Young researcher from cluster of Laboratory of Bioengineering and International Laboratory of Hybrid Photonic Nanomaterials wins RF Presidential grant

Viktor Krivenkov, Ph.D., of the cluster of Laboratory of Bioengineering and International Laboratory of Hybrid Photonic Nanomaterials, has won the competition for grants of the President of the Russian Federation for support of young researchers with Ph.D. degree (Competition MK 2020, The basic and applied research project proposed by Dr. Krivenkov is aimed at development of hybrid plasmon–exciton light-emitting materials with enhanced photoluminescence based on semiconductor nanocrystals and metal nanoparticles.

The goal of the project is to increase the efficiency of photoluminescence of semiconductor nanocrystals by making use of near-field interaction with plasmonic nanostructures and formation of light–matter coupling, with a view of applications to medical diagnosis and optoelectronics.


In the past decade, fluorescent nanocrystals, such as quantum dots, have been attracting increasingly much attention as a material for light-emitting devices, bioimaging, and medical diagnosis. Quantum dots, less than 10 nm in size, have a wide absorption spectrum, narrow luminescence spectrum, quantum efficiency close to 100%, and uniquely high brightness determined by extremely large absorption cross sections. Together with a high photostability, this ensures substantial comparative advantages over organic dyes. Light-emitting devices based on quantum dots (QD-LEDs) and thin-film displays with improved color saturation and luminosity, as well as a high color rendering index (CRI), have already become ingrained in practice. Owing to the small sizes of quantum dots and their high stability in biological media, these nanomaterials can also be used in novel detection and diagnostic systems, as well as in hybrid materials capable of efficiently converting light energy.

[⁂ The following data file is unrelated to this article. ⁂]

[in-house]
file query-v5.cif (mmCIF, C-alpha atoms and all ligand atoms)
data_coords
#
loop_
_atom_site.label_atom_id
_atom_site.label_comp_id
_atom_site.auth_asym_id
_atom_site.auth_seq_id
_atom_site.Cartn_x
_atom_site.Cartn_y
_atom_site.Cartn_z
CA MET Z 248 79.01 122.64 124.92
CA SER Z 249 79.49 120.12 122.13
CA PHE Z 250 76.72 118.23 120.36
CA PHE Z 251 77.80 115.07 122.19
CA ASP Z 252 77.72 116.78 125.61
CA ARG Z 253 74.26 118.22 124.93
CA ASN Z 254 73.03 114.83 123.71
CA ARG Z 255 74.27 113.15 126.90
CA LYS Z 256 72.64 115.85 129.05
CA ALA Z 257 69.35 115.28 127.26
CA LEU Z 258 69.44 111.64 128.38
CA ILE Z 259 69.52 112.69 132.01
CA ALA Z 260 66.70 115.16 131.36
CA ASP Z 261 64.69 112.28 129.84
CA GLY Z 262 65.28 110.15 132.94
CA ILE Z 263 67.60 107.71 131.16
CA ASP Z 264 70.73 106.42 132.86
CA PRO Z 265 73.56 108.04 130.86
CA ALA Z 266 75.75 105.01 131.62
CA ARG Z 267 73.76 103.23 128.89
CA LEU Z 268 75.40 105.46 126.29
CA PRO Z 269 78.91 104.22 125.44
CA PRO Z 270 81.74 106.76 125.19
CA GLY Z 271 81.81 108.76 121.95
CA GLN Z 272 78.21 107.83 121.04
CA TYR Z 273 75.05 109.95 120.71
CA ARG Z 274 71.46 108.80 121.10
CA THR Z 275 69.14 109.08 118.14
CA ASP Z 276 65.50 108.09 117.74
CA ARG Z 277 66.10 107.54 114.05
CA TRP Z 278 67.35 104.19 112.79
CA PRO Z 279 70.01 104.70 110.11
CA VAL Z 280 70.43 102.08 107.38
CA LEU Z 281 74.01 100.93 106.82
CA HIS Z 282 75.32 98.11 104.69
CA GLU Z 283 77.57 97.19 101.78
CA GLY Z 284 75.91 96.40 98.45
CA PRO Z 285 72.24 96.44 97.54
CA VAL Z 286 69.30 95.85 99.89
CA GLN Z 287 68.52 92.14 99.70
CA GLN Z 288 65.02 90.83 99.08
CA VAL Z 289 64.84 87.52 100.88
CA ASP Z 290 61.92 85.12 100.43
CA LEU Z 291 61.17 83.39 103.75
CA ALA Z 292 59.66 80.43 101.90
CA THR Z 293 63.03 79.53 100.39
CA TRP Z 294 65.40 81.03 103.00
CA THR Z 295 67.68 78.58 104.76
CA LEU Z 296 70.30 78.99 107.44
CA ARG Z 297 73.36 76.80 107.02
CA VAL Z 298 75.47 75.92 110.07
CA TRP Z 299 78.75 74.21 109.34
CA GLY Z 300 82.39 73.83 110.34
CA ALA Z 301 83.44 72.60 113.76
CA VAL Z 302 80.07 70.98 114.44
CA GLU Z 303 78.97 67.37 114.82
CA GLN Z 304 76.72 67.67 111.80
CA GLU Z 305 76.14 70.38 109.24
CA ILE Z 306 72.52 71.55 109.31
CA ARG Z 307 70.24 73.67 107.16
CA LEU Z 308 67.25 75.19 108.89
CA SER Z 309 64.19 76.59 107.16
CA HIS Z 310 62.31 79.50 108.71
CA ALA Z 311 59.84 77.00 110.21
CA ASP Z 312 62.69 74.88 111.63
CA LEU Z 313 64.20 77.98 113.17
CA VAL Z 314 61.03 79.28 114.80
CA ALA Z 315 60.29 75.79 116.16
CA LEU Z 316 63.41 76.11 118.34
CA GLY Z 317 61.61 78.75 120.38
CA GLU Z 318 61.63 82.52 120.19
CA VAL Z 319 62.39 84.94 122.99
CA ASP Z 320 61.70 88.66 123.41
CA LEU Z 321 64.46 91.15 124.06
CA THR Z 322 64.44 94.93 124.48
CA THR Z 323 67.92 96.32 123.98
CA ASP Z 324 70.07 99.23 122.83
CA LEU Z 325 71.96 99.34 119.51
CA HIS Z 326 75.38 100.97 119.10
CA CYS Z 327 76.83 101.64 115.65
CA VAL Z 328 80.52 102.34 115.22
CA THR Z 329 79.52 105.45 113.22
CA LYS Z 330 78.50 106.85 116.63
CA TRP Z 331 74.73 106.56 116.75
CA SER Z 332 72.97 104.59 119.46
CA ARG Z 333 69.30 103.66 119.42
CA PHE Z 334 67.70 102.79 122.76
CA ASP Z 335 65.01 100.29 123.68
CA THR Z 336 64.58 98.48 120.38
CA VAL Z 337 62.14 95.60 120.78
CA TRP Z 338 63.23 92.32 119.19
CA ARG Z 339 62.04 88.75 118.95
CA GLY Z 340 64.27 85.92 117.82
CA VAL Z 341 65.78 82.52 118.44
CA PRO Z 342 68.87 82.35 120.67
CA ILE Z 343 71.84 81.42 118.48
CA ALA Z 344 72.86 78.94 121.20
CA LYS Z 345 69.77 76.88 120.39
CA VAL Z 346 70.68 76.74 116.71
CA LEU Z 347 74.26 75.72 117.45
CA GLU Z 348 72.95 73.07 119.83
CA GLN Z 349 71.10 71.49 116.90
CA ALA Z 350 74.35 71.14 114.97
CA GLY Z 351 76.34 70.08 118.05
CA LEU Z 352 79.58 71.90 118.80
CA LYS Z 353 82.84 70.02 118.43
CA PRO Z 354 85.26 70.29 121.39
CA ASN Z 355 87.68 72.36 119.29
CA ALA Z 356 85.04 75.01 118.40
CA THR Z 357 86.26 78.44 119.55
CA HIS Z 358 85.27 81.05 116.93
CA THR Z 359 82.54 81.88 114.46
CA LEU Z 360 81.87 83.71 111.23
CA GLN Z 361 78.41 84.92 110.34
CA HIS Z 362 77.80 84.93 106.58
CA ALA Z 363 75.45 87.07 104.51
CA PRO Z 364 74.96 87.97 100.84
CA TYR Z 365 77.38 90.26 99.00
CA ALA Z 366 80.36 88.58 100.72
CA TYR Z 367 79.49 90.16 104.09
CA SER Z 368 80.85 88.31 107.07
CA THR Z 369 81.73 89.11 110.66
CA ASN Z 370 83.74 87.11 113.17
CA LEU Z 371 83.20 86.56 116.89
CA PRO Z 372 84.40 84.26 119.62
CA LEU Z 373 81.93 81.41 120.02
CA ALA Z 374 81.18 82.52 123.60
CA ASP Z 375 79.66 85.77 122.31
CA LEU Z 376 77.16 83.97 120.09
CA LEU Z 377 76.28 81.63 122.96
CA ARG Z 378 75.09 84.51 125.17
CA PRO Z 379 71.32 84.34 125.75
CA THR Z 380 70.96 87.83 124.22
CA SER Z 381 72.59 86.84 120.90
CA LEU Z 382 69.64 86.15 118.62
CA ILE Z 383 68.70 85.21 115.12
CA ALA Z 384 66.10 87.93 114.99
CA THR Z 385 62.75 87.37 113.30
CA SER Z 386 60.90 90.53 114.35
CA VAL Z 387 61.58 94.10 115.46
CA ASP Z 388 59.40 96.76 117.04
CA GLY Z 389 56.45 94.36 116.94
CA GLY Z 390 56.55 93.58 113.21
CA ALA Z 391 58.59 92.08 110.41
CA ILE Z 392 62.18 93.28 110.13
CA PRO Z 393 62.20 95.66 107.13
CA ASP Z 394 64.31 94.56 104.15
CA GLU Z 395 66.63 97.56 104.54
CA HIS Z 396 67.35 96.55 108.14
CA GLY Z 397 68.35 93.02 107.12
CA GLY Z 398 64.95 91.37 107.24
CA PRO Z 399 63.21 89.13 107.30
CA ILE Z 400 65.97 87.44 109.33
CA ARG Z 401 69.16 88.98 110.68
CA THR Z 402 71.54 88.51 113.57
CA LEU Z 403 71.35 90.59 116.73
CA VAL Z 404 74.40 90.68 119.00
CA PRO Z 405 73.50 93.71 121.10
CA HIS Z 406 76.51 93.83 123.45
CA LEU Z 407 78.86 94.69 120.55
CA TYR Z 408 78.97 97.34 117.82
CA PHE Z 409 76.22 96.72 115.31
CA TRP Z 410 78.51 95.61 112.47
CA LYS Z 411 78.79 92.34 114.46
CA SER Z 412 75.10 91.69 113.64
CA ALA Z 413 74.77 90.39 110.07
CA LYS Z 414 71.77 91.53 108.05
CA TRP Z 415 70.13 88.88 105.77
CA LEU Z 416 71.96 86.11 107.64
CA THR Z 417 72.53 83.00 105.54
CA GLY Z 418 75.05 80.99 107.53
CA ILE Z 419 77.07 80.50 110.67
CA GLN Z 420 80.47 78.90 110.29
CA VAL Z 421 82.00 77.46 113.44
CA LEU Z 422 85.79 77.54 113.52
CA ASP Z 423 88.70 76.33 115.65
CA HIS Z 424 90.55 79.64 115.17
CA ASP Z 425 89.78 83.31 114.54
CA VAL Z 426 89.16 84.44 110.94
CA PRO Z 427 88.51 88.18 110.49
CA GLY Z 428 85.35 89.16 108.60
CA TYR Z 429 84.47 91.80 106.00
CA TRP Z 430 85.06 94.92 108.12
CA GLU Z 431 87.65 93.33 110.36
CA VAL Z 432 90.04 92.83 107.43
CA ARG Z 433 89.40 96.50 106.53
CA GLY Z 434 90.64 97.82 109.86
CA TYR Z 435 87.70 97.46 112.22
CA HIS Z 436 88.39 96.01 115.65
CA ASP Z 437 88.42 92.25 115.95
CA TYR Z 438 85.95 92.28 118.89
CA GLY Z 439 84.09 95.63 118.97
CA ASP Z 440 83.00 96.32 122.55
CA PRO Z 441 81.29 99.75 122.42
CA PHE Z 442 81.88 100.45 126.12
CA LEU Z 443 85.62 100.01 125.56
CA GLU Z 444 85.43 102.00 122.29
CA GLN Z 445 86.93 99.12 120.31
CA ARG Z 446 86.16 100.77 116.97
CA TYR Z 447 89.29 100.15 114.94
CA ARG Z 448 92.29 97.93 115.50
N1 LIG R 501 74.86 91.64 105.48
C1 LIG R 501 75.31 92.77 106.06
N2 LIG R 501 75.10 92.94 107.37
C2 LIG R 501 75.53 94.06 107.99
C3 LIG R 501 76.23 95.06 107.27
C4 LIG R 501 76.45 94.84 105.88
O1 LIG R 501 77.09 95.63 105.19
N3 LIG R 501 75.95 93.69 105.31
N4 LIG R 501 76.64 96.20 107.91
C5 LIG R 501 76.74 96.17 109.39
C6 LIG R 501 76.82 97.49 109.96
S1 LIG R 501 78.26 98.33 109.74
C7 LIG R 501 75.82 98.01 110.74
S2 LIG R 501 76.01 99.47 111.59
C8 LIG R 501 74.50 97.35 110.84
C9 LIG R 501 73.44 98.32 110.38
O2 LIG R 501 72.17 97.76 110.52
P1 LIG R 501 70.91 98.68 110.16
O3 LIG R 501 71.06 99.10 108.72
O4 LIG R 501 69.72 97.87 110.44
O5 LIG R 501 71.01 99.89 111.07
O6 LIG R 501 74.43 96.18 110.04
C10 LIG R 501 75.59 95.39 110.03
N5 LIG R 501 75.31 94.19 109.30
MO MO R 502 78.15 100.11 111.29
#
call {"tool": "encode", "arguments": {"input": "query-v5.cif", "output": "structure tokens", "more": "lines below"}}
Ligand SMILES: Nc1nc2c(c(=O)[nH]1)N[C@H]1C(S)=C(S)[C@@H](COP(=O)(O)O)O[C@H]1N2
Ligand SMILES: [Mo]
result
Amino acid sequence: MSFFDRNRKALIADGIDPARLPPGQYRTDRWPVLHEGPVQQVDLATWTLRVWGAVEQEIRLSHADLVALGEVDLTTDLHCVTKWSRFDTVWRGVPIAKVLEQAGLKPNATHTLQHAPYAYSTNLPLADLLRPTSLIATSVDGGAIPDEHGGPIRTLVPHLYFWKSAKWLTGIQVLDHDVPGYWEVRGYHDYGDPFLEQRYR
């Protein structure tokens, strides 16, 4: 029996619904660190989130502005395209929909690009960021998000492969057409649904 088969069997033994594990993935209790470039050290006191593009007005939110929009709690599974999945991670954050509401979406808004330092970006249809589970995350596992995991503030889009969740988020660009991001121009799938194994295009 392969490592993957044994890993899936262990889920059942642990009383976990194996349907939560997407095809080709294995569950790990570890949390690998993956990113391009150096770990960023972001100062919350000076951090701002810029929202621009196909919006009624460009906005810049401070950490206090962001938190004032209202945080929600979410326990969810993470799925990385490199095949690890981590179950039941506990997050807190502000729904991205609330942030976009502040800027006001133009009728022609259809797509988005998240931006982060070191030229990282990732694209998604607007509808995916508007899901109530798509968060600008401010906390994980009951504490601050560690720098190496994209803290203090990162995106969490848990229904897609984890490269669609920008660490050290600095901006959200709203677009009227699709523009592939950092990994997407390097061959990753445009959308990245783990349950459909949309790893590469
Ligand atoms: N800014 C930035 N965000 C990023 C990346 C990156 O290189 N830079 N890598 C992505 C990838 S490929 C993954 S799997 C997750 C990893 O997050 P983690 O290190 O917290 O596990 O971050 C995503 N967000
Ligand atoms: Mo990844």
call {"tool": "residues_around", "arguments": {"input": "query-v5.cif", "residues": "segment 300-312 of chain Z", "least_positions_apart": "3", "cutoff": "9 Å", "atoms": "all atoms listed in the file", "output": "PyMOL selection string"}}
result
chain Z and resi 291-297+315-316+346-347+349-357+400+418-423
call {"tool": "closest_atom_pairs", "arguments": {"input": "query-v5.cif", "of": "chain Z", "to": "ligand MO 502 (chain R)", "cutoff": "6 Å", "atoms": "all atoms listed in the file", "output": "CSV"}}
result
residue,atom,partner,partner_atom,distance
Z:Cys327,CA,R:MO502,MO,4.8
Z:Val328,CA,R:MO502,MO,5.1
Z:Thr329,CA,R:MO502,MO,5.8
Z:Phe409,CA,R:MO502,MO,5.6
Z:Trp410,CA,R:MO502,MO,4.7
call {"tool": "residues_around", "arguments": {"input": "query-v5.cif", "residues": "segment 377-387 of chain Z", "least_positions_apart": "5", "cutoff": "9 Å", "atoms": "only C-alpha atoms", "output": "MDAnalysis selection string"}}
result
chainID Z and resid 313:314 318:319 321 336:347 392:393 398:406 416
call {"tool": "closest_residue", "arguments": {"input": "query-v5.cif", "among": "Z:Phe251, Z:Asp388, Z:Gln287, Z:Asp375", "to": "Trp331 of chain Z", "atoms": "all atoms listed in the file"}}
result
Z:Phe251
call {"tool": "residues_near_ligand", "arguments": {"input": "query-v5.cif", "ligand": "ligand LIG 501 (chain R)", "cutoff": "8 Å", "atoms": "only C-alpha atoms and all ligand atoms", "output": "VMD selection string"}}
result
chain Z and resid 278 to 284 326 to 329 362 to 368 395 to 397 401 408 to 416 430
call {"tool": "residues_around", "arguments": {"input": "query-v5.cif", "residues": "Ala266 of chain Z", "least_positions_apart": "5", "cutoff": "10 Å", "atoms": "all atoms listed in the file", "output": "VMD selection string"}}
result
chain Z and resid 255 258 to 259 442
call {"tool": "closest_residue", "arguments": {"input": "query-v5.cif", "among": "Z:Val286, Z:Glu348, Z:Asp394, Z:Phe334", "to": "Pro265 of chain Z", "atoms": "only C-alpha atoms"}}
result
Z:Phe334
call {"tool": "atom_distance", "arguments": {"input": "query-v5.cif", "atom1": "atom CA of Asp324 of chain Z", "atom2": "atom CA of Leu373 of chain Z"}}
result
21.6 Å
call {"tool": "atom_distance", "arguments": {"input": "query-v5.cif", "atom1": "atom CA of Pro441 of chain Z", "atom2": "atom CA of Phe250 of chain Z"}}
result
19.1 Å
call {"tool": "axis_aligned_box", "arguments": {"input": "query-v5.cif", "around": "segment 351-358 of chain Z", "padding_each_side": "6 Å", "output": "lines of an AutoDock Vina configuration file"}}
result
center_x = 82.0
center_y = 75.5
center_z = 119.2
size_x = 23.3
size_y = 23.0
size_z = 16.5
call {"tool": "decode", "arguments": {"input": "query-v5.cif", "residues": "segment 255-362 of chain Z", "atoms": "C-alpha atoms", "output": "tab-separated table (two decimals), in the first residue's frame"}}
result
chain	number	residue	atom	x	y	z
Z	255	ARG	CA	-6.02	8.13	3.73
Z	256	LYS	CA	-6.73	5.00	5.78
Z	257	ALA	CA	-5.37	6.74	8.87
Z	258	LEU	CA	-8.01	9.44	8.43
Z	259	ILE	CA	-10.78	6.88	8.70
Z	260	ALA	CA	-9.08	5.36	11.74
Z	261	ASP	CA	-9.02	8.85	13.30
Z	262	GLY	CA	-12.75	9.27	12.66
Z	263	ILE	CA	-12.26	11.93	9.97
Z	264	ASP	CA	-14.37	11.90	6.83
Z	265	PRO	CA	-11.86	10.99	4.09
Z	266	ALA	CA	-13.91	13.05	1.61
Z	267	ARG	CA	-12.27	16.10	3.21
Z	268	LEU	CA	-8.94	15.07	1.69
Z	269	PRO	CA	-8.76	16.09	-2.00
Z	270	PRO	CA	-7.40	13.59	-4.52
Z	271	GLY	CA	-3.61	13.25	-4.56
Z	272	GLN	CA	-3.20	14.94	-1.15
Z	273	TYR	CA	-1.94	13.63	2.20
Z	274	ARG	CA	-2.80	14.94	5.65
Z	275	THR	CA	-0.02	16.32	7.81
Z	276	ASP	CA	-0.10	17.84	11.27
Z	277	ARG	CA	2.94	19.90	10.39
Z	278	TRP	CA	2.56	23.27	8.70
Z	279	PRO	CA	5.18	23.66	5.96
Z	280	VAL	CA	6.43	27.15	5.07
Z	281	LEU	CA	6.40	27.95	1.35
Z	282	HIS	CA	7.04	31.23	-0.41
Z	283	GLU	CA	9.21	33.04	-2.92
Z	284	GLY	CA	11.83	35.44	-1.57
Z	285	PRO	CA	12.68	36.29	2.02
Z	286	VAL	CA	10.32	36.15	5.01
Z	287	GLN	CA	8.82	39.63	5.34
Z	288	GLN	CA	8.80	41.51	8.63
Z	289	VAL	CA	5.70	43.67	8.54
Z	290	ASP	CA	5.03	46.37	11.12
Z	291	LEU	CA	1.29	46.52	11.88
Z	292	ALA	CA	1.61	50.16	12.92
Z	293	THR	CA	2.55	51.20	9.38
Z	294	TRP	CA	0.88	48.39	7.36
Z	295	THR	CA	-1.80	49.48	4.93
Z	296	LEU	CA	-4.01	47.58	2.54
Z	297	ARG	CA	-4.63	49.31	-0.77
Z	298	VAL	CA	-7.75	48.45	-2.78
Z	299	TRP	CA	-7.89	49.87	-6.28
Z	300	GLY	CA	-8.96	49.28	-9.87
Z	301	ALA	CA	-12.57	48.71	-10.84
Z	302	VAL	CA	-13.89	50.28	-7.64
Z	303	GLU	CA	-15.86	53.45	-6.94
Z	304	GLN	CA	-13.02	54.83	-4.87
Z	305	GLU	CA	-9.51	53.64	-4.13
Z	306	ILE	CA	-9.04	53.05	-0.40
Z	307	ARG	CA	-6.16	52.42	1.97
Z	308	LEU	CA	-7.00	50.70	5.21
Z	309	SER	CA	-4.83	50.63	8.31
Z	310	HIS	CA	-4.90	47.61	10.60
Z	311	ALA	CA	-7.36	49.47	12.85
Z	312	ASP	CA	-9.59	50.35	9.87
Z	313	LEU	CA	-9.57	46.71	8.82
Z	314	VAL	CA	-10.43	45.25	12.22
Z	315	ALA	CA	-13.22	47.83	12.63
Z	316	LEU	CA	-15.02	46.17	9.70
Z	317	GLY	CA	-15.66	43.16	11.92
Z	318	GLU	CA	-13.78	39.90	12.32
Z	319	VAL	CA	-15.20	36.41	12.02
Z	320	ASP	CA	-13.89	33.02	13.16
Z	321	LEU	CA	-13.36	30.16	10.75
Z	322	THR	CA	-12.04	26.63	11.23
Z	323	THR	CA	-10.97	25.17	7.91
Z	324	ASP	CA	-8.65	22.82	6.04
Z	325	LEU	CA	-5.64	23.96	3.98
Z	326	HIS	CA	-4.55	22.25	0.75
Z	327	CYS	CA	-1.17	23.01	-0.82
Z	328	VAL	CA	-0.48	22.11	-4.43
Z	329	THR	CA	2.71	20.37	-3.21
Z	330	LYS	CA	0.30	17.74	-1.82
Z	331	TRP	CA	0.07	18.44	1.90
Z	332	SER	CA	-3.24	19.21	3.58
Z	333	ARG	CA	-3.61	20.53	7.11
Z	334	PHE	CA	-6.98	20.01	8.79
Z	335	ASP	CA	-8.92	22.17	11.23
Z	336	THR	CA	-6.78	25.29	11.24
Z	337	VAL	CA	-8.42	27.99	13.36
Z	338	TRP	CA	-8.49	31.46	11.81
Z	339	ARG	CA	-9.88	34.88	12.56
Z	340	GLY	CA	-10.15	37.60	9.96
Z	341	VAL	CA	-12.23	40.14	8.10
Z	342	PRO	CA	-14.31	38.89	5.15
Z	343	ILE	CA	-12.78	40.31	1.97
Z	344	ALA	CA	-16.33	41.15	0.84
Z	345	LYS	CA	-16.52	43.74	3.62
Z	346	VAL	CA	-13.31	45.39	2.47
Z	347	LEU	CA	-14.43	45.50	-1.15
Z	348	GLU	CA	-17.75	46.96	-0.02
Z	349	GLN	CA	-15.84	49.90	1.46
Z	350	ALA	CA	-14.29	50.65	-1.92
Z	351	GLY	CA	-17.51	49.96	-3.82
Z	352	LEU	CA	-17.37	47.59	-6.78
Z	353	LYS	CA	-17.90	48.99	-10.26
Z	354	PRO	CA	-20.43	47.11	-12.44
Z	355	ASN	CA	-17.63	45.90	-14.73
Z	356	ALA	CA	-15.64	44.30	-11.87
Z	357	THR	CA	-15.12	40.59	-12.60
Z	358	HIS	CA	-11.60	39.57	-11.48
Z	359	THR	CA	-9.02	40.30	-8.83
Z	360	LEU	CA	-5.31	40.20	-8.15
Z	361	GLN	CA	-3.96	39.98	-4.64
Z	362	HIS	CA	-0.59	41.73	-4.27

Metal plasmonic nanoparticles (PNPs) have orders of magnitude higher extinction coefficients per unit volume compared to semiconductor quantum dots. This makes them uniquely effective light-absorbers among all known nanomaterials. However, the photoluminescence capacity of PNPs is extremely low, which precludes their use as a fluorescent material. The effects of near-field interaction occurring at distances of about 10 nm between PNPs and quantum dots allow combining the advantages of these types of nanoparticles. When a plasmonic nanoparticle absorbs light energy, oscillations of electron density (plasmons) are excited in it, which leads to concentration of electromagnetic field energy near the PNP surface. This energy is absorbed by closely located semiconductor quantum dots. This effect is expected to cause further increase in the intensity of photoluminescence of the semiconductor nanocrystals, which could substantially enhance their advantages over organic fluorophores and further extend their practical applications.


Viktor Krivenkov, Ph.D., research fellow (

Maria G. Korenkova, director of external relations (

Laboratory of Nano-Bioengineering, Moscow Engineering Physics Institute
31 Kashirskoe shosse, 115409 Moscow, Russian Federation

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